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What Factors Affect Levaquin® Dosage?

Article Details
  • Written By: Mary McMahon
  • Edited By: Shereen Skola
  • Last Modified Date: 10 February 2019
  • Copyright Protected:
    2003-2019
    Conjecture Corporation
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Appropriate Levaquin® dosage can depend on the type of infection being treated, a patient’s overall health, and the patient’s age. This antibiotic drug is only effective against infections known to be caused by bacteria, and in some cases, the bacteria may be resistant. A doctor may recommend a susceptibility culture to determine which medication would be most appropriate for a patient. In viral, fungal, and other infections, a different medication must be used.

One important consideration is the kind of infection the patient has and its severity. Levaquin® can be effective for the treatment of a range of bacterial infections in the sinus passages, airways, and urinary tract, among other locations. For severe infections, a higher dosage may be necessary, while mild problems like a low-risk urinary tract infection might need a low dose. Starting Levaquin® dosage can range between 250 and 750 milligrams every 24 hours for adult patients and the care provider may use some judgment when recommending an appropriate dose to attack the infection quickly and aggressively.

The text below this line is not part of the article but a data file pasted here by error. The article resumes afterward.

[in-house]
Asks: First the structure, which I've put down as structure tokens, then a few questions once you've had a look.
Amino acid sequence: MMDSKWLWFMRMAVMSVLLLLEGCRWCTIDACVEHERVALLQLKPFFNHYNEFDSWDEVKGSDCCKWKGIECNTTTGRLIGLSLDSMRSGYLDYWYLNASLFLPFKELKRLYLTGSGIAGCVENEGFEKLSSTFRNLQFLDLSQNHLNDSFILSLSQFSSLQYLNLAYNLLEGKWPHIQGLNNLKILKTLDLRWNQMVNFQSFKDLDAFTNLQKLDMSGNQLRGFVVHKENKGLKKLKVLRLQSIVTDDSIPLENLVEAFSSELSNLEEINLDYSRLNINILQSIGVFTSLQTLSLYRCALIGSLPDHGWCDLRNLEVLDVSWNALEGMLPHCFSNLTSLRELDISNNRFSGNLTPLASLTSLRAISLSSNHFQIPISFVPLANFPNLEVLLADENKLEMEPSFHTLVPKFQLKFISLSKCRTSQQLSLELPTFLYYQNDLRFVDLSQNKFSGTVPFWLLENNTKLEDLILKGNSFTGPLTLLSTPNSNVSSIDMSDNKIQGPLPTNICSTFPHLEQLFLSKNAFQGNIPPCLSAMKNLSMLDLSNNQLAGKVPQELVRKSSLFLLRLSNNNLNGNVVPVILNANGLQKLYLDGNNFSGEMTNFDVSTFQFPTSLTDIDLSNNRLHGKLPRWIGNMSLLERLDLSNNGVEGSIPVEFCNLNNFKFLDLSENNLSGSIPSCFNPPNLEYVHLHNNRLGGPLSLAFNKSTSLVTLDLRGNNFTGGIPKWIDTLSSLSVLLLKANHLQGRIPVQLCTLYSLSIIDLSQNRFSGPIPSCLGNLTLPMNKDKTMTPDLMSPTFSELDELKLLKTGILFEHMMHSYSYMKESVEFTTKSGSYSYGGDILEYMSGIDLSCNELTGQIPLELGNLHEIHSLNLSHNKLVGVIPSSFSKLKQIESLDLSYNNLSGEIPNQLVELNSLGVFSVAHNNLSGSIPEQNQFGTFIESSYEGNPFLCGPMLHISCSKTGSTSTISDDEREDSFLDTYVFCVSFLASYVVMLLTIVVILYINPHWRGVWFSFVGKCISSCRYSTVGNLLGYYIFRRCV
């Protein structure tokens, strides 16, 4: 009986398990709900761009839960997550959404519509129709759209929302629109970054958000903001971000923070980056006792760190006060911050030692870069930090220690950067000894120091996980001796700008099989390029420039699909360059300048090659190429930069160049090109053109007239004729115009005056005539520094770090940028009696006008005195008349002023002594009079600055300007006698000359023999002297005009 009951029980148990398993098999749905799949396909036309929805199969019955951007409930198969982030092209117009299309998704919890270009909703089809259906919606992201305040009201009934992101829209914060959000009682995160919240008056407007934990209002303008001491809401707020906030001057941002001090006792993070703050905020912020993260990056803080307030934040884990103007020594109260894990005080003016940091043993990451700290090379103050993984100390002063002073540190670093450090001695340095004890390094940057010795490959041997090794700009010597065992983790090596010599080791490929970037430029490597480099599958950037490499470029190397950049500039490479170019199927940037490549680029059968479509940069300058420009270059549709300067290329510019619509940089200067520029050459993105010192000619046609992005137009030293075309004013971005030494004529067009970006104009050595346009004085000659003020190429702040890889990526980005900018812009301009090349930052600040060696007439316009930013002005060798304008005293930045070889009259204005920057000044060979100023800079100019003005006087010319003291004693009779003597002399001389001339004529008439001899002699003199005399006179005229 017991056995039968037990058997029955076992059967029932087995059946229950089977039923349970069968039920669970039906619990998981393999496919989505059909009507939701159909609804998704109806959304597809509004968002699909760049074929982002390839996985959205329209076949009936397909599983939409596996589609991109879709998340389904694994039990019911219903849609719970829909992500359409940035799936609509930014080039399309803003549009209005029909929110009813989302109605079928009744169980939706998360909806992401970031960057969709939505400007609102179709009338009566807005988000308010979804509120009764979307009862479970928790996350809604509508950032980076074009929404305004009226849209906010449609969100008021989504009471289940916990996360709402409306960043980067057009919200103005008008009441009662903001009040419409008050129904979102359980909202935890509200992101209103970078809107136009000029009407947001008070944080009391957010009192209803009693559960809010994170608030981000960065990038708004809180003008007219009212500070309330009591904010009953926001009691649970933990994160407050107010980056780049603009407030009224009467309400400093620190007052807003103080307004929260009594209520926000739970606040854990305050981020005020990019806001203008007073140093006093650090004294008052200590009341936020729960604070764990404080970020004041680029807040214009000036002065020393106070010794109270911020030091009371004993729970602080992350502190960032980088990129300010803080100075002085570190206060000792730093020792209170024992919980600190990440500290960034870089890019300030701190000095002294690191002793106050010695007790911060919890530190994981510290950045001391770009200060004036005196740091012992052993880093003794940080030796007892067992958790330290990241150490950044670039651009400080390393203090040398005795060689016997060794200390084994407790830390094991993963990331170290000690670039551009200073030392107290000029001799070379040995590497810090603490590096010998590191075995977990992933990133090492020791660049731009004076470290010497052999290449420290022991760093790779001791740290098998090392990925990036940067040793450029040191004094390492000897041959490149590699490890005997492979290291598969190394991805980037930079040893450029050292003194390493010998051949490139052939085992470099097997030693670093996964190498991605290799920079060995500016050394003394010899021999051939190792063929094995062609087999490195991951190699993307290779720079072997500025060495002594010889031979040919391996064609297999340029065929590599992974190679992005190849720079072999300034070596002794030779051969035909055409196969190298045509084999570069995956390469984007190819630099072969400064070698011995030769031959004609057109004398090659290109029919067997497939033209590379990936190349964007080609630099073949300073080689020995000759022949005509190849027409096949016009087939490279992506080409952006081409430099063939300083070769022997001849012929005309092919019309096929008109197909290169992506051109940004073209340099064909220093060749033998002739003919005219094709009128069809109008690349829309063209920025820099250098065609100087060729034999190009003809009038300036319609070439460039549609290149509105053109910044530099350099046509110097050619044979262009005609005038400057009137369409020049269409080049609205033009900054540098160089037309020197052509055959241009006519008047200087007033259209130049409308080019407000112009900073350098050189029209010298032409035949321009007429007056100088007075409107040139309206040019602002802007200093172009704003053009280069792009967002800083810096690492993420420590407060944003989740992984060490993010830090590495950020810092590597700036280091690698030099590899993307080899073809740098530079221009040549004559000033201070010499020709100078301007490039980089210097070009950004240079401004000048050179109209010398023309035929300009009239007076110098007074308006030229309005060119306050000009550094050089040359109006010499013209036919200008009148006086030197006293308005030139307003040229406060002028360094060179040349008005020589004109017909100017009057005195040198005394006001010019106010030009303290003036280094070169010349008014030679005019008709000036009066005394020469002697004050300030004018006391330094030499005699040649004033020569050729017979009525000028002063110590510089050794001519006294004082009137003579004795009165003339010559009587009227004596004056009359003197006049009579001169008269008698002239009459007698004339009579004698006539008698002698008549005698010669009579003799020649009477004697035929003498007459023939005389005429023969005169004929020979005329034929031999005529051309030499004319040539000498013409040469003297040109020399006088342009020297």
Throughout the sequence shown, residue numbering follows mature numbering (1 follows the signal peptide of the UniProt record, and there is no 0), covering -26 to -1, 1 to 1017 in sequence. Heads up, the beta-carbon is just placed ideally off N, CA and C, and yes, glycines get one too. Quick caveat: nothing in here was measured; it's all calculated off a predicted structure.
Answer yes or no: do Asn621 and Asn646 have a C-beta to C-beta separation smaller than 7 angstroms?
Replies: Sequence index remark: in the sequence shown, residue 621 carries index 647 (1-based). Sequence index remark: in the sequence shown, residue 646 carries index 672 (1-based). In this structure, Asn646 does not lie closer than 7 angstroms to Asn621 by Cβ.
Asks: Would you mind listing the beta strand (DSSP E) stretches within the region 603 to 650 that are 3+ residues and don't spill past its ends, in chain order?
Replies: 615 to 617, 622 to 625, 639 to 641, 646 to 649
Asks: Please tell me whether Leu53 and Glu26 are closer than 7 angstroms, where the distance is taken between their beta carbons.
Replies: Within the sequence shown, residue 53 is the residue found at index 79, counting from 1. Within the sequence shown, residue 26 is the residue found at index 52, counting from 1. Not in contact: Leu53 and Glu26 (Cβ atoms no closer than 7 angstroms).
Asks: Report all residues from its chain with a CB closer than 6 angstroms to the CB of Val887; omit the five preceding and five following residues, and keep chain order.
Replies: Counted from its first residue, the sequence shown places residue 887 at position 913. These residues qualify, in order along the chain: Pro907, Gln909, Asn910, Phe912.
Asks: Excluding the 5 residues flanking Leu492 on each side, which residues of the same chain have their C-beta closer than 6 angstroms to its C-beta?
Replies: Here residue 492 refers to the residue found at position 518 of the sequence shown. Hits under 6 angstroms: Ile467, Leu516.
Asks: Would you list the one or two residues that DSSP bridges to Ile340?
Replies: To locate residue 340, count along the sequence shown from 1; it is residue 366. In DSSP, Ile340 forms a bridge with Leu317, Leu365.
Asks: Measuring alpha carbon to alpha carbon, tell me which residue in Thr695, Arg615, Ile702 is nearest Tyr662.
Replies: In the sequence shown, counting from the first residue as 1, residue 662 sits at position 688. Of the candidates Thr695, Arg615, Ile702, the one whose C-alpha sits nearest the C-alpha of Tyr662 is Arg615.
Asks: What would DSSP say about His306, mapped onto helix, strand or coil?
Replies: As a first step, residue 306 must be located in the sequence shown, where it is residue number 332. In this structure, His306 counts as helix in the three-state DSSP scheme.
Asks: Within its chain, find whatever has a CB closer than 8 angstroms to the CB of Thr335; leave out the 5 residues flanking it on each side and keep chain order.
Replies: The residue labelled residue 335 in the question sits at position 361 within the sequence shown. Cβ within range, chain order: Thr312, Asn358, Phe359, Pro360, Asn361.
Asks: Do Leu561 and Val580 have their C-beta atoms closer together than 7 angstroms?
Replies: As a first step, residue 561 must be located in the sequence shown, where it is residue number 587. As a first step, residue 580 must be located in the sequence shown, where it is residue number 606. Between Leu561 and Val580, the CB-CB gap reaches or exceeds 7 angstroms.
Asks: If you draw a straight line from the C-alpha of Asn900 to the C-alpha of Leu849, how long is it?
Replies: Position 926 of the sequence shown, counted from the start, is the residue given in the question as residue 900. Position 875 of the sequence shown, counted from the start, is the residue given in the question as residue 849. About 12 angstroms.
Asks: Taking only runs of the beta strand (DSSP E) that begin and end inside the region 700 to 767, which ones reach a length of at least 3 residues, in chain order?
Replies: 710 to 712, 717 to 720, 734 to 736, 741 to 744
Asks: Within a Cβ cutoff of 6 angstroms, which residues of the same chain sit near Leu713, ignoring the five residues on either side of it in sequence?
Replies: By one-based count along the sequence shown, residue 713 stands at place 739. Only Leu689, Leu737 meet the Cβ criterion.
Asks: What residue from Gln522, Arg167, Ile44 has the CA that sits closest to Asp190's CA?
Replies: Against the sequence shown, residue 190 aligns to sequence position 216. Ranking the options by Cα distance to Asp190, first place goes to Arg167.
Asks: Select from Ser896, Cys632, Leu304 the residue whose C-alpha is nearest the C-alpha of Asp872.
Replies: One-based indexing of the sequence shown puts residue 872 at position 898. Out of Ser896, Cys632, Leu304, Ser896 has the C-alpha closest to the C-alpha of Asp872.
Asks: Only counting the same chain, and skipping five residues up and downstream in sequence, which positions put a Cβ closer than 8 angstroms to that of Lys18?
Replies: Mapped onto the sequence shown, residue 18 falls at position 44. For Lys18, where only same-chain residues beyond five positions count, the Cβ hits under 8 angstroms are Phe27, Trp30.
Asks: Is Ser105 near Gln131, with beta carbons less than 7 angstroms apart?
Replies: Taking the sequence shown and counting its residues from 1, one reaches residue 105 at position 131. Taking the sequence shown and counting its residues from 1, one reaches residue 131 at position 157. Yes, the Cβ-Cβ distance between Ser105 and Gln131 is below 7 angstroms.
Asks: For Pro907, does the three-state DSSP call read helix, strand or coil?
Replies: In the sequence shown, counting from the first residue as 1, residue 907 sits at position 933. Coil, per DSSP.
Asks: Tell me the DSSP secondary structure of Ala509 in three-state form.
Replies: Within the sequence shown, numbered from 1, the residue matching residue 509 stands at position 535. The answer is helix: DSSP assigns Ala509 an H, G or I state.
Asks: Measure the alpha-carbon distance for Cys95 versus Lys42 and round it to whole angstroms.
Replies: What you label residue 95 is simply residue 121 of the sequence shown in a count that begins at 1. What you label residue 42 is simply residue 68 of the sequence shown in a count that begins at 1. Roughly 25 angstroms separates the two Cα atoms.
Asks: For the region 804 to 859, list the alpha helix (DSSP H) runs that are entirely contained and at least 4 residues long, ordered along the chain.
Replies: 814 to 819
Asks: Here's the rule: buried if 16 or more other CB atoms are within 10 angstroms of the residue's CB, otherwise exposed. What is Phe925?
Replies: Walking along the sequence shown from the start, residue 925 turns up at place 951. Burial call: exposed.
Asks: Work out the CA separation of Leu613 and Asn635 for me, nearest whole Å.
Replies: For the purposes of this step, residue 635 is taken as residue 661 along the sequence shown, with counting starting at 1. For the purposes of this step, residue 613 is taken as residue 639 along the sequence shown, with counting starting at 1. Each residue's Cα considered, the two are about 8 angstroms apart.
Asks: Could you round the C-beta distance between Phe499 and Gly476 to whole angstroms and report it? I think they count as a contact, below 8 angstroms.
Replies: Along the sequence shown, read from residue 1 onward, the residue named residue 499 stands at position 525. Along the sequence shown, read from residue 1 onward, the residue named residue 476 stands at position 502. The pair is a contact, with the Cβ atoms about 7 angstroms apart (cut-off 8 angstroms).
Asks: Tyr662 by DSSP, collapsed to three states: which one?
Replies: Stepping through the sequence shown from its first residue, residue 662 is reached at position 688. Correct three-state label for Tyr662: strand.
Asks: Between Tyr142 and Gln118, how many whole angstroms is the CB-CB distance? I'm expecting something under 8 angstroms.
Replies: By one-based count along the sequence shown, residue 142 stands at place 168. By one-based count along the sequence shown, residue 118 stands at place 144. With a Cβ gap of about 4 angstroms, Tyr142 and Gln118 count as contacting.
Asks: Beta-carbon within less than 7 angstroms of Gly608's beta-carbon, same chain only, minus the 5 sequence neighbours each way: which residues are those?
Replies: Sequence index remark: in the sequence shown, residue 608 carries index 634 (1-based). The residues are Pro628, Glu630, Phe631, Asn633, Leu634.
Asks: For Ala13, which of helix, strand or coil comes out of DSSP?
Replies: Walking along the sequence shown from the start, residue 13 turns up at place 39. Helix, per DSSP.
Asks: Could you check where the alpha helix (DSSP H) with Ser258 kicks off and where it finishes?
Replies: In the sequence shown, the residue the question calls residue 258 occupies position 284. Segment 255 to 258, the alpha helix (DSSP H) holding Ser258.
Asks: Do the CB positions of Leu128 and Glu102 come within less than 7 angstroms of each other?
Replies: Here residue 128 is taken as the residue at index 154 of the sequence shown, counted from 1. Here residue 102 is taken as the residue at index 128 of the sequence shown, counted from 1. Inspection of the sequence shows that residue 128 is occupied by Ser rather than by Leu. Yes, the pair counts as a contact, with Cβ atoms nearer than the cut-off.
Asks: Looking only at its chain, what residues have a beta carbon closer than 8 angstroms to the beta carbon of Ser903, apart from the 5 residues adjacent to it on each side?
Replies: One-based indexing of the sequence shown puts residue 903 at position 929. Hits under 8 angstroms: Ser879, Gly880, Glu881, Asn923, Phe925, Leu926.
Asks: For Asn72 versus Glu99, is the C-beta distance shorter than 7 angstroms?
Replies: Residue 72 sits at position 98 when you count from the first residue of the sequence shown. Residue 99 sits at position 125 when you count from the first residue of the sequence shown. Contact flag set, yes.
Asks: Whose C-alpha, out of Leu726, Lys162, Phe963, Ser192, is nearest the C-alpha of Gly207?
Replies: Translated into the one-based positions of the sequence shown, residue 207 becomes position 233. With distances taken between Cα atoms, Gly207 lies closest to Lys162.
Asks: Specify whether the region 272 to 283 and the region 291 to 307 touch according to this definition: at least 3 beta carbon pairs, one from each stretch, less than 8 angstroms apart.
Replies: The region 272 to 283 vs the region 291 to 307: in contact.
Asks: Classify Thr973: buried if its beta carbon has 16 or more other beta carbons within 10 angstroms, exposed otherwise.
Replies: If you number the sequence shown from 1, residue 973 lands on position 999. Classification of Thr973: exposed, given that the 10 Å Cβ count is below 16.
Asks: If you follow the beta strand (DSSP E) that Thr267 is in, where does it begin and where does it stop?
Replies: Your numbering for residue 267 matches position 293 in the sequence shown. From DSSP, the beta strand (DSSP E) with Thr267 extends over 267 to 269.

Pediatric and underweight patients may need a dosage adjustment. The doctor can calculate a weight-based Levaquin® dosage to ensure the patient gets a safe amount. Adjustments may also be necessary for patients with kidney damage. If the kidney function is compromised, the doctor may recommend a high loading dose followed by a reduced dosage to protect the kidneys. Blood work can determine whether the kidneys are impaired enough to require a change to the medication regimen.

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Other medications, along with preparations patients can buy over the counter, like vitamins and antacid tablets, can interfere with the absorption of this medication. For this reason, a doctor may recommend taking it at a specific time each day, and allowing at least two hours before and after the Levaquin® dose before taking other drugs. If the Levaquin® dosage is likely to cause a medication conflict, the patient may also need to temporarily stop taking a drug while on the antibiotic.

This medication has been linked with heart, liver, and tendon damage. Patients who notice side effects like irregular heartbeat, muscle soreness, and abdominal tenderness should contact their doctors. The doctor can determine if the Levaquin® dosage is a cause for concern. It may be possible to lower the dose or switch medications to prevent damage. Medications shouldn’t be stopped without consulting a doctor or nurse hotline, if the doctor is not available, because patients could put themselves at risk of complications.

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